/**
A generic protocol which is used to return a unique identifier
for the type.
*/
public protocol Identifiable {
    typealias IdentifierType: Printable
    var identifier: IdentifierType { get }
}

public protocol Persistable: Identifiable {
    /// The YapDatabase collection name the type is stored in.
    static var collection: String { get }
}

With these protocols in place, we are now in a position to define a generic write function on YapDatabaseReadWriteTransaction.

extension YapDatabaseReadWriteTransaction {
  /**
  Writes a Persistable value, conforming to Saveable to the database inside the read write transaction.

  :param: value A Value.
  :returns: The Value.
  */
  public func write<Value where Value: Saveable, Value: Persistable, Value.ArchiverType.ValueType == Value>(value: Value) -> Value {
      writeAtIndex(indexForPersistable(value), object: value.archive)
      return value
  }
}

It's worth stepping through the generic parameter clause to this function.

  • We define the generic parameter, Value, which is the type of its only argument (value), and also the return type. The where clause defines the constraints on this type.
  • It must be Saveable so that the archive can be accessed/created.
  • It must be Persistable so that an index can be generated.
  • Lastly, there is the constraint that the Value's ArchiverType's ValueType is equal to Value itself. Essentially this validates that the archiver returned from archive is of the correct type.

Reading value from YapDatabase is very similar. We can read an object given an index.

extension YapDatabaseReadTransaction {
  /**
  Reads the object sored at this index using the transaction.
      
  :param: index The YapDB.Index value.
  :returns: An optional AnyObject.
  */
  public func readAtIndex(index: YapDB.Index) -> AnyObject? {
      return objectForKey(index.key, inCollection: index.collection)
  }
}

But, in order to maintain type safety, we need to unarchive the AnyObject, assuming it's an ArchiverType we can attempt to get the value.

public func valueFromArchive<Value where Value: Saveable, Value.ArchiverType.ValueType == Value>(archive: AnyObject?) -> Value? {
    return archive.map { ($0 as! Value.ArchiverType).value }
}

Here, we use map to transform AnyObject? into Value?. If the argument is .None the optional will return .None, else it will cast the object into the type of archiver Value defines. And if that is successful, it will return the decoded value. Note that this will fail at runtime if attempted to extract a value from the wrong archive type. This function makes implementing NSCoding with nested value types much easier.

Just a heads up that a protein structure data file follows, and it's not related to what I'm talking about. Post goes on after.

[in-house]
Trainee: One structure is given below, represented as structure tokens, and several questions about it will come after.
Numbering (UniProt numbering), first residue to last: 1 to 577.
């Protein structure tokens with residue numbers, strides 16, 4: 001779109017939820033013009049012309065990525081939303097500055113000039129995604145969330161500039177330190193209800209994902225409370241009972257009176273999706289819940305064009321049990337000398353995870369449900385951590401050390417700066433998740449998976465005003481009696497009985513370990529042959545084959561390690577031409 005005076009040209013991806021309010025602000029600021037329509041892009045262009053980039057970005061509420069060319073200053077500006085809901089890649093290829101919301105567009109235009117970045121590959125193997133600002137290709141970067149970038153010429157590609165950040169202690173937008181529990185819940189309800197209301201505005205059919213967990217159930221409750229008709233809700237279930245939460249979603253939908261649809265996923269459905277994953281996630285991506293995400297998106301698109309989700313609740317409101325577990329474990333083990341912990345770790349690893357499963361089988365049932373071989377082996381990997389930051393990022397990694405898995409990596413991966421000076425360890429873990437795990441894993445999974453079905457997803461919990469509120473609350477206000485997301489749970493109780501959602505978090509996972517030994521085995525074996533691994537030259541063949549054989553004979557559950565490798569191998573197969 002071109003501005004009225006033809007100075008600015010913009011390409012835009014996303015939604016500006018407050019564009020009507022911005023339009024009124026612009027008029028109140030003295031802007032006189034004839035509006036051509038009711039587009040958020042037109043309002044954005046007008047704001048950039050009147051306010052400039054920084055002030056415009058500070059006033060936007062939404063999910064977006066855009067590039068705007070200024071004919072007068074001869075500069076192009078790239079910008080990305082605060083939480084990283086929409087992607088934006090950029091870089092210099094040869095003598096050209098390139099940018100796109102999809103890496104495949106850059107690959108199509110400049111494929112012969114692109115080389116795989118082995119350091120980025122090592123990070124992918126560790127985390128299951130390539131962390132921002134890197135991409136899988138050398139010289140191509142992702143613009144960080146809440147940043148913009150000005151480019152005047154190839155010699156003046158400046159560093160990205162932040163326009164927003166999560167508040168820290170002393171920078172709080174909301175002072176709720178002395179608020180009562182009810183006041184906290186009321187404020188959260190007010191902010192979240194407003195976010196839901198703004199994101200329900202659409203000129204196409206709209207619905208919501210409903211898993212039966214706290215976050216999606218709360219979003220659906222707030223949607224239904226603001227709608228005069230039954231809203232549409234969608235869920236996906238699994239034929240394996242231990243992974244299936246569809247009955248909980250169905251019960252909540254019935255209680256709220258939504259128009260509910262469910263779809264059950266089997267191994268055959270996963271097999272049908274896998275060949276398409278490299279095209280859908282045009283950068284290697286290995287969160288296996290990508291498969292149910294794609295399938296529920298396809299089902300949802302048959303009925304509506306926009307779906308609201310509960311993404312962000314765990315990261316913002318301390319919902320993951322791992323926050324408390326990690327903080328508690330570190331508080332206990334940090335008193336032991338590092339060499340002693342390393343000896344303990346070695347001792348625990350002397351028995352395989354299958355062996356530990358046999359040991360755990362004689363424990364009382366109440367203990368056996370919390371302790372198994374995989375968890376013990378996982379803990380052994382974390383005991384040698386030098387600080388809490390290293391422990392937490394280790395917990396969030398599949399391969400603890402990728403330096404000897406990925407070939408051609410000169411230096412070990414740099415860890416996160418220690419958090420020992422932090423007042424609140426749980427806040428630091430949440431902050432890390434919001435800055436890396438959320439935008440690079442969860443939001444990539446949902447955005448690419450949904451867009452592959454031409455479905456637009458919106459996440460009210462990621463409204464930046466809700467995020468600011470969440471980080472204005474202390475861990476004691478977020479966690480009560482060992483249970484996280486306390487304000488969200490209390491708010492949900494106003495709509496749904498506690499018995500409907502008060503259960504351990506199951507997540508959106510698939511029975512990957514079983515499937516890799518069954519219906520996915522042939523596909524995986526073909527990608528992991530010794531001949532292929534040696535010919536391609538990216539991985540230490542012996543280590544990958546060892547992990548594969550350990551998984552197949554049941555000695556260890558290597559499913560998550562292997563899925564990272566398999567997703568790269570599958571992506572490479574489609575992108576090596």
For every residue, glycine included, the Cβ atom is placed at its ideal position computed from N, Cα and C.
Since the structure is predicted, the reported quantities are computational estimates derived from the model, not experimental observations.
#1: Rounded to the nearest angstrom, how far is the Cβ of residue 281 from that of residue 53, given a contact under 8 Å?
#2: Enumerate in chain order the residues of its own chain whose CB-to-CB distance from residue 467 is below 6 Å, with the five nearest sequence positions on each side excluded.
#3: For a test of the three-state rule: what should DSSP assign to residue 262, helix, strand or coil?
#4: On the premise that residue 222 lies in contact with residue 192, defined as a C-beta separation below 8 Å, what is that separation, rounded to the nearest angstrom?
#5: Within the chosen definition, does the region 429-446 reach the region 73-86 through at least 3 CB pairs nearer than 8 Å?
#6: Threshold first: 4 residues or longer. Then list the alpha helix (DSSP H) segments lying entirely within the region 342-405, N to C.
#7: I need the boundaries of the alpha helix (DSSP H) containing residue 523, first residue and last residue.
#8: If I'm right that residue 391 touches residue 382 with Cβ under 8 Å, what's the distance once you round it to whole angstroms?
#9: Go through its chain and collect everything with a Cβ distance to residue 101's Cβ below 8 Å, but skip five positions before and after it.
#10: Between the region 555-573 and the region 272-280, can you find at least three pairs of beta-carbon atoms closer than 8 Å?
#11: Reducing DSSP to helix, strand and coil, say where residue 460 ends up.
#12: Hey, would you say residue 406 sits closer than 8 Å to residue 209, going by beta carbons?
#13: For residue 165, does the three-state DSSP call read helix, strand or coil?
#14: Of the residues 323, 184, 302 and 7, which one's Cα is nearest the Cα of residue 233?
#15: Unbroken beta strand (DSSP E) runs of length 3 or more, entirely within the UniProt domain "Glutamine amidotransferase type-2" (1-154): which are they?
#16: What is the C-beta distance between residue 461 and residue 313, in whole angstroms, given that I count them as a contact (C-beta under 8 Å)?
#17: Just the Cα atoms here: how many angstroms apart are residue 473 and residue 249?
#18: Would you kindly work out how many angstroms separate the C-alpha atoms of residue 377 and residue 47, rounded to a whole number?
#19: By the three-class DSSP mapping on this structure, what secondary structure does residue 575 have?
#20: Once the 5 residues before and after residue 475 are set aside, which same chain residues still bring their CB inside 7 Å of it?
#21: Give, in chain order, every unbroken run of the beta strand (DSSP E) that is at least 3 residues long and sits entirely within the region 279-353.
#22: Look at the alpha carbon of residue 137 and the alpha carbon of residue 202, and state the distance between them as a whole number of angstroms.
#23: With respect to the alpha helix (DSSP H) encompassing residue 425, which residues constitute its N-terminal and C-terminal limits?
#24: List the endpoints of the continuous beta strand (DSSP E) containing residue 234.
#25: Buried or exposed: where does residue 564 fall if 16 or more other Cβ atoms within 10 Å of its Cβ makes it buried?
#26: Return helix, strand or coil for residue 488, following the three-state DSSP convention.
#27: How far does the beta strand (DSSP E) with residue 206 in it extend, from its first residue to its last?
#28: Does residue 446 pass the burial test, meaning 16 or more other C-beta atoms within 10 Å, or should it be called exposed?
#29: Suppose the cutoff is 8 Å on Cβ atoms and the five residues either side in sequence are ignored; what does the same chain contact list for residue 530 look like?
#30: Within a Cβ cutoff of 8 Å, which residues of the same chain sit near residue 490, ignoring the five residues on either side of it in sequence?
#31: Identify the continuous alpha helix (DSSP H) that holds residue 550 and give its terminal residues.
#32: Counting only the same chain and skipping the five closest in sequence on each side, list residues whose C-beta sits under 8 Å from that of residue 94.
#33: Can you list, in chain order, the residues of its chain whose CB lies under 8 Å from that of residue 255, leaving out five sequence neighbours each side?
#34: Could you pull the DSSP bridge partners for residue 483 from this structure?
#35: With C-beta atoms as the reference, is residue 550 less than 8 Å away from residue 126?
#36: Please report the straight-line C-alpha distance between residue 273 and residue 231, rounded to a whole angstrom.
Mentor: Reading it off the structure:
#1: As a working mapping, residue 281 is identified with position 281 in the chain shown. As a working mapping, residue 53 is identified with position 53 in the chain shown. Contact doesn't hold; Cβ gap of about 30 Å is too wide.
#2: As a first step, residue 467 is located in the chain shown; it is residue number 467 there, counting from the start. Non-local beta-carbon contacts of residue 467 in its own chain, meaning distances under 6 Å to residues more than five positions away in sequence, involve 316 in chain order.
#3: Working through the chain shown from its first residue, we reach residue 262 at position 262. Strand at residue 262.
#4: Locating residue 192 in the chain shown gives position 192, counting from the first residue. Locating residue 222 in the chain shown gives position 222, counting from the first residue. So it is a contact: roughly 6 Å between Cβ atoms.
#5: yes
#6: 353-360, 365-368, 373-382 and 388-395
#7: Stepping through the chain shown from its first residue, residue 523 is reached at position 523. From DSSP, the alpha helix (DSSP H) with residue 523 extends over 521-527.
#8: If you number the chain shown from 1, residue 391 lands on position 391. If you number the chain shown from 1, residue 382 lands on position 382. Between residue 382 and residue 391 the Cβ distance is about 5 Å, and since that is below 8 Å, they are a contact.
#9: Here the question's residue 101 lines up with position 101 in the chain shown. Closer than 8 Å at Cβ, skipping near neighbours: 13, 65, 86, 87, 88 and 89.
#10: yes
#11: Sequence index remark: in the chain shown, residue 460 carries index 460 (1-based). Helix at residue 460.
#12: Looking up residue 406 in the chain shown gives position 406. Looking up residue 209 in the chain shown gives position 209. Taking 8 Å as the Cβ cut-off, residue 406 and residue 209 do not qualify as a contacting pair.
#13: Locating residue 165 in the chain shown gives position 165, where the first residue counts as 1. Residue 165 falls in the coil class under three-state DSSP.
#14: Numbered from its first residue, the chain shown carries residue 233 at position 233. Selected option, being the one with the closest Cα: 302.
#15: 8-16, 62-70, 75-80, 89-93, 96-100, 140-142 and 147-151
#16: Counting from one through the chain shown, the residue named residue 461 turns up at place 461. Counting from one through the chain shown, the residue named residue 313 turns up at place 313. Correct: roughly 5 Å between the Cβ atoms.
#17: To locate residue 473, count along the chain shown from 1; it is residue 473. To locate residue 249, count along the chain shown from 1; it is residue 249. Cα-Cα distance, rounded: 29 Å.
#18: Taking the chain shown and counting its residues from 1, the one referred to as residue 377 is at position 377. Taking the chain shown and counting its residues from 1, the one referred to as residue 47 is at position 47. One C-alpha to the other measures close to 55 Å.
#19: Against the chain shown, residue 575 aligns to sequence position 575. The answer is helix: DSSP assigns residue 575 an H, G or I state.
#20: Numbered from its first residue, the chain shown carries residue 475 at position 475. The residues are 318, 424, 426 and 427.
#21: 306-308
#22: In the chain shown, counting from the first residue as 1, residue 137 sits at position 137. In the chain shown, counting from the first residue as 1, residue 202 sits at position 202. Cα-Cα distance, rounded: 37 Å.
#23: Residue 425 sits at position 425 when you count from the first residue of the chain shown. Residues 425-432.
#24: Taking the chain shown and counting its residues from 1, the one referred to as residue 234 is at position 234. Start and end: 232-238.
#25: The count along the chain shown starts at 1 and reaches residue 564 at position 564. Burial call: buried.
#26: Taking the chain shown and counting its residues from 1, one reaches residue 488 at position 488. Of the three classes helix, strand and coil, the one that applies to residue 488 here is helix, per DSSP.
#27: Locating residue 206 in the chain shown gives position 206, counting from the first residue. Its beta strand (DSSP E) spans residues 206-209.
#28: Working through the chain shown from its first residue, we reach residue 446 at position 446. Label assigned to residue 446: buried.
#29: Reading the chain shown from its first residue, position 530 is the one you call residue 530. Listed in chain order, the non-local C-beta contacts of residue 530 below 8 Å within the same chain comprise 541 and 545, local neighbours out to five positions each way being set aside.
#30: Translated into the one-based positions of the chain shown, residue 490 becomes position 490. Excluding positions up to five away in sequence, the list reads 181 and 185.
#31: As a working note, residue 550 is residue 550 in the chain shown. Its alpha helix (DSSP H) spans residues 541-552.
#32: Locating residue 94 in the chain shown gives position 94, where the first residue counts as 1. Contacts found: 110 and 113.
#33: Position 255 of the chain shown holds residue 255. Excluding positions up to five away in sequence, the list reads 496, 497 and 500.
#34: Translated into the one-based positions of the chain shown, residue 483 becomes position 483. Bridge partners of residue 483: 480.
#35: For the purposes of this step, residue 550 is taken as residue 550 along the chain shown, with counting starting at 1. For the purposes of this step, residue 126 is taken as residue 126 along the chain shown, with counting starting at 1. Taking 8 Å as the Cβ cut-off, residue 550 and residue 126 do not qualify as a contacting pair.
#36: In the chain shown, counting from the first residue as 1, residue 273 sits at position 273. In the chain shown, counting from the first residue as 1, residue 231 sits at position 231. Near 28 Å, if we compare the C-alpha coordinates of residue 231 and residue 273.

When it comes to reading directly out of the database, we now have all the pieces to do this easily and elegantly.

/**
Unarchives a value type if stored at this index

:param: index The YapDB.Index value.
:returns: An optional Value.
*/
public func readAtIndex<Value where Value: Saveable, Value: Persistable, Value.ArchiverType.ValueType == Value>(index: YapDB.Index) -> Value? {
    return valueFromArchive(readAtIndex(index))
}

This covers the basis of the functions provided in YapDatabaseExtensions. There is additional support for reading and writing objects (i.e. NSCoding classes), and a combination of object or value type metadata.

Functional APIs & YapDatabaseConnection

YapDatabase is a transaction based persistence framework. Transactions provide the read and write API which we've extended in the discussion above. And they are executed in blocks on queues in database connections. This means that to read from the database the programmer must create a connection, define a variable and initialize it from within a transaction block on the connection. This architecture doesn't suit itself to functional paradigms as the read transaction doesn't return anything. Therefore, we provide our own function for reading on YapDatabaseConnection.

extension YapDatabaseConnection {
  /**
  Synchronously reads from the database on the connection. The closure receives
  the read transaction, and the function returns the result of the closure. This
  makes it very suitable as a building block for more functional methods.

  :param: block A closure which receives YapDatabaseReadTransaction and returns T
  :returns: An instance of T
  */
  public func read<T>(block: (YapDatabaseReadTransaction) -> T) -> T {
      var result: T! = .None
      readWithBlock { result = block($0) }
      return result
  }

Now it is trivial to implement the same read & write API which we've defined for transactions on connections and the database directly. Although reading values directly from the database is discouraged and only provided for ease of use and testing.

extension YapDatabaseConnection {
  /**
  Synchronously reads the Value sored at this index using the connection.
  :param: index The YapDB.Index value.
  :returns: An optional Value.
  */
  public func readAtIndex<Value where Value: Saveable, Value: Persistable, Value.ArchiverType.ValueType == Value>(index: YapDB.Index) -> Value? {
      return read { $0.readAtIndex(index) }
  }
}

In conclusion, some simple protocols and generic constraints have allowed us to adopt Swift's immutable and value-type paradigms, but still take full advantage of rock solid Objective-C persistence frameworks.

Posted on Apr 26
Written by Daniel Thorpe